Dearborn’s Neo-Nazi Nativist Hatemongering Society is sponsoring a square dance for singles this Saturday . . .
Newt Gingrich was explaining this morning on Morning in America how the Left has already begun its new campaign to equate opponents of ObamaCare with racism, “rage,” and hatred for the poor. Gingrich says the clever thing about the campaign is that it’s not aimed at marginalizing opposition over health care, which already passed anyhow, but to help them reach their next goal—passing amnesty for illegal immigrants.
Gingrich makes sense. I had already noticed a couple of things that fit into that pattern already this week. One was the phony “civil-rights” walk past tea party demonstrators by arm-in-arm Congressional freedom riders. The entire purpose of this seems now to have been to draw out negative remarks, (which never really happened) or an excuse to claim there were negative remarks, so that the Left could portray opponents as no better than a mob of rabid Klansmen.
On Monday, the Dearborn Press & Guide ran an editorial column by Mark Potok, director of the Southern Poverty Law Center’s Intelligence Project, which, according to his bio, monitors “extremist activity across the United States.” (“Radicals vs. reality: Extreme movements flourish in the era of an angry nation”).
The substance it is how the “radical” conservatives, (e.g., Sarah Palin), are stirring up violent revolution among the three strands of the “volatile” right – “hatemongers, nativist extremist groups and so-called ‘Patriot’ organizations.”
Thanks as always, Press & Guide. I’m sure there’s no one in your sales territory who likes Sarah Palin, nor who dislikes the health-care plan; and if there is anyone like that, he’ll be grateful to find out he’s a hatemongering nativist.
Making creative use of the transitive principle, Potok shows how easy it is to prove that Sarah Palin criticizing Obama + Americans angry at the government = The Next Oklahoma City Bombing.
Potok kicks off by pointing out how Palin, “egged on by cheers and interrupted by standing ovations,” said in a speech to the National Tea Party Convention that “America was ready for another revolution.” She was referring, generally, to movements like the tea parties, and, by way of specific example, the recent election of Scott Brown, which she described as “the Massachusetts shout out revolution.” Nothing too bloody about the Massachussetts senatorial election, although DU had heard reports that Olbermann peed blood that night.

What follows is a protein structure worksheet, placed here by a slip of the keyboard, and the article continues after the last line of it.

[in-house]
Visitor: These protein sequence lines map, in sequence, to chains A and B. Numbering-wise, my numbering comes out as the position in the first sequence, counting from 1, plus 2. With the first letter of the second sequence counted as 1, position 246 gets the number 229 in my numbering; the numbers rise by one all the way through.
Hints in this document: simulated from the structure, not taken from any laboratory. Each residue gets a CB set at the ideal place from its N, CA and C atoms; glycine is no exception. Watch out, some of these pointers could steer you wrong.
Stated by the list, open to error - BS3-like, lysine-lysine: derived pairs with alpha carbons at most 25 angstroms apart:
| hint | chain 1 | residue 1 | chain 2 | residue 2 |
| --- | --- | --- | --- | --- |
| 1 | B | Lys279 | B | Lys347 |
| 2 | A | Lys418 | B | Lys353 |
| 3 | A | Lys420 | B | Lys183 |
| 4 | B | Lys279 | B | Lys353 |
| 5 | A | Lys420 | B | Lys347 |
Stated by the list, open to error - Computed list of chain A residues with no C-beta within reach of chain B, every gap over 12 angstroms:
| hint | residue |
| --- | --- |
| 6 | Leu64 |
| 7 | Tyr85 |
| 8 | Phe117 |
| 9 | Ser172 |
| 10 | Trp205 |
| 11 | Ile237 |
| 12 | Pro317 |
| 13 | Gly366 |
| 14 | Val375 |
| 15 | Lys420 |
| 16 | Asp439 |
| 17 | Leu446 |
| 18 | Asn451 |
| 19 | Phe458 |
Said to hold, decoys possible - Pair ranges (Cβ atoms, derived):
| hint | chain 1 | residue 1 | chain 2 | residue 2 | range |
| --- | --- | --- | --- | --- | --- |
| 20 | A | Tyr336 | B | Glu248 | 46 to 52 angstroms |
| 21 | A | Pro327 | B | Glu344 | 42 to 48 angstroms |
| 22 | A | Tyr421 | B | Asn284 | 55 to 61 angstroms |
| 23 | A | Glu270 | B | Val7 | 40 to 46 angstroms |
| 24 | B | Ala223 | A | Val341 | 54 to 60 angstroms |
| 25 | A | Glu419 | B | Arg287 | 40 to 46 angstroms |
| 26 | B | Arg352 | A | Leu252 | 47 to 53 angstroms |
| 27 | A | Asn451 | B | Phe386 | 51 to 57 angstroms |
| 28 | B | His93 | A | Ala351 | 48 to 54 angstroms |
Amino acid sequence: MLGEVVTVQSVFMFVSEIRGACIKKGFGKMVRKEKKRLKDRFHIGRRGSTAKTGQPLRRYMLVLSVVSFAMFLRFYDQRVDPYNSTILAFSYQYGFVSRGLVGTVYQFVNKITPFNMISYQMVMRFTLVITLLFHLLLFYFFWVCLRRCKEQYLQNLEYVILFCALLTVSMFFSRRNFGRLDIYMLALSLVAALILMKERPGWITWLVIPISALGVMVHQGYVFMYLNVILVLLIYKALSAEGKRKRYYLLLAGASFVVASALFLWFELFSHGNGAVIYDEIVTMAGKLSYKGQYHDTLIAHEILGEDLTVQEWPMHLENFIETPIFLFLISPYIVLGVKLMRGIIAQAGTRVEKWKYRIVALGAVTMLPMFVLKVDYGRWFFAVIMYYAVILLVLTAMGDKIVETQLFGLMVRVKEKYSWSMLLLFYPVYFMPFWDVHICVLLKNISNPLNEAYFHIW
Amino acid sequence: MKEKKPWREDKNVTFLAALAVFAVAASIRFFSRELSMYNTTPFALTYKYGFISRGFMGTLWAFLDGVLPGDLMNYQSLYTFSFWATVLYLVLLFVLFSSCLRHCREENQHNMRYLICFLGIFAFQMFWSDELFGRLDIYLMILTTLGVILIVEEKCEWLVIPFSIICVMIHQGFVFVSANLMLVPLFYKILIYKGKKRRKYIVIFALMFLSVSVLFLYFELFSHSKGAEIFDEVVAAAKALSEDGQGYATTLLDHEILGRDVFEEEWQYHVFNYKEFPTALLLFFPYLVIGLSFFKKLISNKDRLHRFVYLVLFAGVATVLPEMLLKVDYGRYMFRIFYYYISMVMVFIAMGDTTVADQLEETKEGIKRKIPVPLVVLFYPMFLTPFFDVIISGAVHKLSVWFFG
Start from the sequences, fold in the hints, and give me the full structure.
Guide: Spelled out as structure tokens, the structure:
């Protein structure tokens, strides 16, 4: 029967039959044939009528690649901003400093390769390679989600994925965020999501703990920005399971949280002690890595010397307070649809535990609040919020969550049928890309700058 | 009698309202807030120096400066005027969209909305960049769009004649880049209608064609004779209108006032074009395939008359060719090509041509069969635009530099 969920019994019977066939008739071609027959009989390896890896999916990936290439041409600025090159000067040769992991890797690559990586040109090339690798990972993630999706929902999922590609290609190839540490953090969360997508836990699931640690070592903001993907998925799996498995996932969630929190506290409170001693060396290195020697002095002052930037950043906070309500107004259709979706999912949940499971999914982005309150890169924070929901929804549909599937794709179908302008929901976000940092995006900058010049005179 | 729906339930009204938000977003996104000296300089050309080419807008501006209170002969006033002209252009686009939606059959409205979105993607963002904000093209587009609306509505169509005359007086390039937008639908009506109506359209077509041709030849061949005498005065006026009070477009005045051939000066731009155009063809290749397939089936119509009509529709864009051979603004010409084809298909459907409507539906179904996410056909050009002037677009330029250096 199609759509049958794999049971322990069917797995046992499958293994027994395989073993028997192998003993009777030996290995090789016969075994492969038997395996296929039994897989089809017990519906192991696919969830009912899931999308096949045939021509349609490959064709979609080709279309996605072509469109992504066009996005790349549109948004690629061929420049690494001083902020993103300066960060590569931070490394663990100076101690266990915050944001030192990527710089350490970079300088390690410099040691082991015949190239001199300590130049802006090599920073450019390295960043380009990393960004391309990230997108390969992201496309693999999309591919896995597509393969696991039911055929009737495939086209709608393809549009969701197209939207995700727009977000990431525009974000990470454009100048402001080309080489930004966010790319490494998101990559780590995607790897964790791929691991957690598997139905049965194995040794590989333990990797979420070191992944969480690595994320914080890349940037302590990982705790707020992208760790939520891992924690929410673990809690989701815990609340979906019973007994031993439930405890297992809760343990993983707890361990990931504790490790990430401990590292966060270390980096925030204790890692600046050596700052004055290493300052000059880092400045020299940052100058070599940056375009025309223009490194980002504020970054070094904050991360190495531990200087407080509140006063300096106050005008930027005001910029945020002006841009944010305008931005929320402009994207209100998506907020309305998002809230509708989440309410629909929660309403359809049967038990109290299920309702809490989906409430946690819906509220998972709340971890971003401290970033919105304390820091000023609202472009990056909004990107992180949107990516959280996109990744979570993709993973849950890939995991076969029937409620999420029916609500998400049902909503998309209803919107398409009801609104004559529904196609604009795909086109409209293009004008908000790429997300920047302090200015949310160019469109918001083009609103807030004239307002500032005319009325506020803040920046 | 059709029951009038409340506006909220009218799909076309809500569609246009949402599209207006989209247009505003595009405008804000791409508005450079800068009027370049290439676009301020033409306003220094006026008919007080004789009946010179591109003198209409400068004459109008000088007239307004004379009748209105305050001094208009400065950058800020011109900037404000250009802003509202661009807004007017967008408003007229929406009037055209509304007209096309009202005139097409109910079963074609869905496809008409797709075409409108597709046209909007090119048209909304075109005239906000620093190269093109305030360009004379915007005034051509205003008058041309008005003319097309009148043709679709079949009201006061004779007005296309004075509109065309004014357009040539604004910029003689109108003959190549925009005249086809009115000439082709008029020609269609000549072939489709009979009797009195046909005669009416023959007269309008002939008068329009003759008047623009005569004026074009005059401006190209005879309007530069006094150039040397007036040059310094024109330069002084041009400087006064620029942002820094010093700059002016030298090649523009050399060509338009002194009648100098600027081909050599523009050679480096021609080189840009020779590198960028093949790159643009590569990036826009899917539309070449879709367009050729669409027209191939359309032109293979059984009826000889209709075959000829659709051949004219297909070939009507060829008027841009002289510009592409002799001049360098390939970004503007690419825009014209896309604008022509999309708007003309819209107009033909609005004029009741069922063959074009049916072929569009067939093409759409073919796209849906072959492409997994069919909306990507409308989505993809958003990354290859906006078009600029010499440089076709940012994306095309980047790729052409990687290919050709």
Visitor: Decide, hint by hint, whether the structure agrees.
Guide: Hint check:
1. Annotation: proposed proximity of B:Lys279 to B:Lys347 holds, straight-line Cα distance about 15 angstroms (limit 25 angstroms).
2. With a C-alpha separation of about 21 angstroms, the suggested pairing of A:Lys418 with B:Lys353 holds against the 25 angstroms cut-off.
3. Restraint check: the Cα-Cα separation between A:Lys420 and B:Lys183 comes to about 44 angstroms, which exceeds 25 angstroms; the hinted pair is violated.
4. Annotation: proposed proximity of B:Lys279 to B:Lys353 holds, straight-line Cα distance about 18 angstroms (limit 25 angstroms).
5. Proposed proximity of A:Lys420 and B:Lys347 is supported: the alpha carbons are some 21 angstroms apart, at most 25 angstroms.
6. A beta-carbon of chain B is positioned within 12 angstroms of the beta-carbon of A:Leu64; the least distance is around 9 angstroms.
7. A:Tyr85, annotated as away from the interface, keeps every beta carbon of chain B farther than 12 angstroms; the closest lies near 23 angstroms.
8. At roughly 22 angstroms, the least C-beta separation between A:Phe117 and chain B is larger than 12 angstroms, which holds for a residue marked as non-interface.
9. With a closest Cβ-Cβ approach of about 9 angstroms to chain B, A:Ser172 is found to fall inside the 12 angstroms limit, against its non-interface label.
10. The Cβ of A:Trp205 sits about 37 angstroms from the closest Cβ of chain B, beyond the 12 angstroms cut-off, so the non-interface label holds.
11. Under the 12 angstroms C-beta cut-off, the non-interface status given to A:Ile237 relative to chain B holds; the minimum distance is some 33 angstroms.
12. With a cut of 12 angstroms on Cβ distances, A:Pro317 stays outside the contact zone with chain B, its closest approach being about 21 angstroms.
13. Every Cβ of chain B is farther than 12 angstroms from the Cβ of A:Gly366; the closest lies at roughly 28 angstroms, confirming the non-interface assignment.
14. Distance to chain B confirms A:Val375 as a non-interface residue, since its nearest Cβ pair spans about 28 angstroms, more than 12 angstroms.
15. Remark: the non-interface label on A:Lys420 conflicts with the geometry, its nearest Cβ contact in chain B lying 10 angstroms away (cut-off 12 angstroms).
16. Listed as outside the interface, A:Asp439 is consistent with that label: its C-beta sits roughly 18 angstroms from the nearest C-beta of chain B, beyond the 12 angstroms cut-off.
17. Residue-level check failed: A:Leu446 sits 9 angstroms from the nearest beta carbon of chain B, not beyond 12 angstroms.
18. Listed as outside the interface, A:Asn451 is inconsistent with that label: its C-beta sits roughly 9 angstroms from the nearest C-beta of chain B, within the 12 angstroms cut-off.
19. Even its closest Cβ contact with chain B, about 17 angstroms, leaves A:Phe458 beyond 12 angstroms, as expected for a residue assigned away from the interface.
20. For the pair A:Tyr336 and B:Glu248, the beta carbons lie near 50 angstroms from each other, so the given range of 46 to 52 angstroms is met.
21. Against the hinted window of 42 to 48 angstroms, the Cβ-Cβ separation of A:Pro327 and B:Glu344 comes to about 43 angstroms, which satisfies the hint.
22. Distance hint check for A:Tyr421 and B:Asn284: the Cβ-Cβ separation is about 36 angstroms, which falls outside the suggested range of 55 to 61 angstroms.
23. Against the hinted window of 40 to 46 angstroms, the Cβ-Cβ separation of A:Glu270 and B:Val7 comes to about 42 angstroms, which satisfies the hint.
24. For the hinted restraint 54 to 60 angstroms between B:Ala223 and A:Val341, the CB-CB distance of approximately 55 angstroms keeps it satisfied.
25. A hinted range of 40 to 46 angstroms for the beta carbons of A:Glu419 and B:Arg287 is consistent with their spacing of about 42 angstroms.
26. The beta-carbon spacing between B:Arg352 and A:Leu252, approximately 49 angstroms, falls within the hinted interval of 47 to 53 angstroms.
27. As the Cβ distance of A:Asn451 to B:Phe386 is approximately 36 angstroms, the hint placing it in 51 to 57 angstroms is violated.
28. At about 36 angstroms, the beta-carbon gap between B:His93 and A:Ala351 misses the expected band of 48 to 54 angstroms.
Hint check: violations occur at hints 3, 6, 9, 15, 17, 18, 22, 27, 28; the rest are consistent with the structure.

But Potok hears in Palin’s “provocative comments” a darker message, one echoing the “pervasive rage” [has this guy ever actually heard a Sarah Palin speech?!] reflected in polls showing large majorities of Americans are angry at the government. This anger, in turn, “hearkens back to the period around the 1995 bombing of the Oklahoma City federal building,” which, he says, was “the culmination of political anger against the government. . . .”
Ergo, Palin’s speeches will lead to -- a second attack like that on the Murrah Building.
Potok wants to warn you that, “the fury is building again, this time over bailouts of banks and the auto industry, health insurance, the economy, government spending and the country’s changing demographics.” Potok and the Southern Poverty Law Center can keep close tabs on the “pervasive rage on the right” by measuring the dramatic growth of “radical groups,” which they directly equate with “hate groups.”
Now, wouldn’t you think that determining what is and isn’t a hate group would require strict criteria? But Mark Krikorian on Monday cited a paper just published by a colleague of his about the SPLC’s efforts to use the rhetoric about “stopping hate” just to stop debate. “Jerry Kammer, a Pulitzer Prize–winning investigative reporter, wrote that Heidi Beirich, research director of the [SPLC], acknowledged 'we do not have a formal written criteria.' Kammer continued”:
When a radio host asked her in late 2007 how an organization qualifies for the label, Beirich offered this explanation. "You qualify as a hate group if you treat an entire group of people for their internal characteristics, or their inherent characteristics, as less, or you demean them in some way." A definition this flexible and imprecise could summon the SPLC Hate Patrol to the door of nearly any group of football fans, political activists, or Apple computer enthusiasts. It is an invitation to just the sort of mischief that gives the SPLC's designation of FAIR [Federation for American Immigration Reform] the odor of a made-to-order, politically expedient smear. It was delivered in December 2007, the month before La Raza launched its "Stop the Hate" campaign.
When Potok gets around to describing what he has in mind by “hate groups,” he means primarily the “militias and the larger ‘Patriot’ movement.” Watch how he smears a huge section of the country:
[A]nger has fueled a pervasive rage on the right — a rage reflected, as the Southern Poverty Law Center just reported, in the dramatic growth of radical groups. Hate groups last year remained at record levels, despite the collapse of a major neo-Nazi group. Anti-immigrant vigilante groups soared by nearly 80 percent.
Radical group = hate group = neo-Nazi group = anti-immigrant vigilante group = murderer group.
And what’s the fuel for all these radical groups? People who are angry at the government!
How DARE you be angry at the government! This is AMERICA! We don’t DO THAT HERE.
Face it, Dearborn. We know you’re pissed off about what just happened in Washington Sunday. But why do you want to condemn children with cancer to horrible deaths? Why do you want to murder immigrants?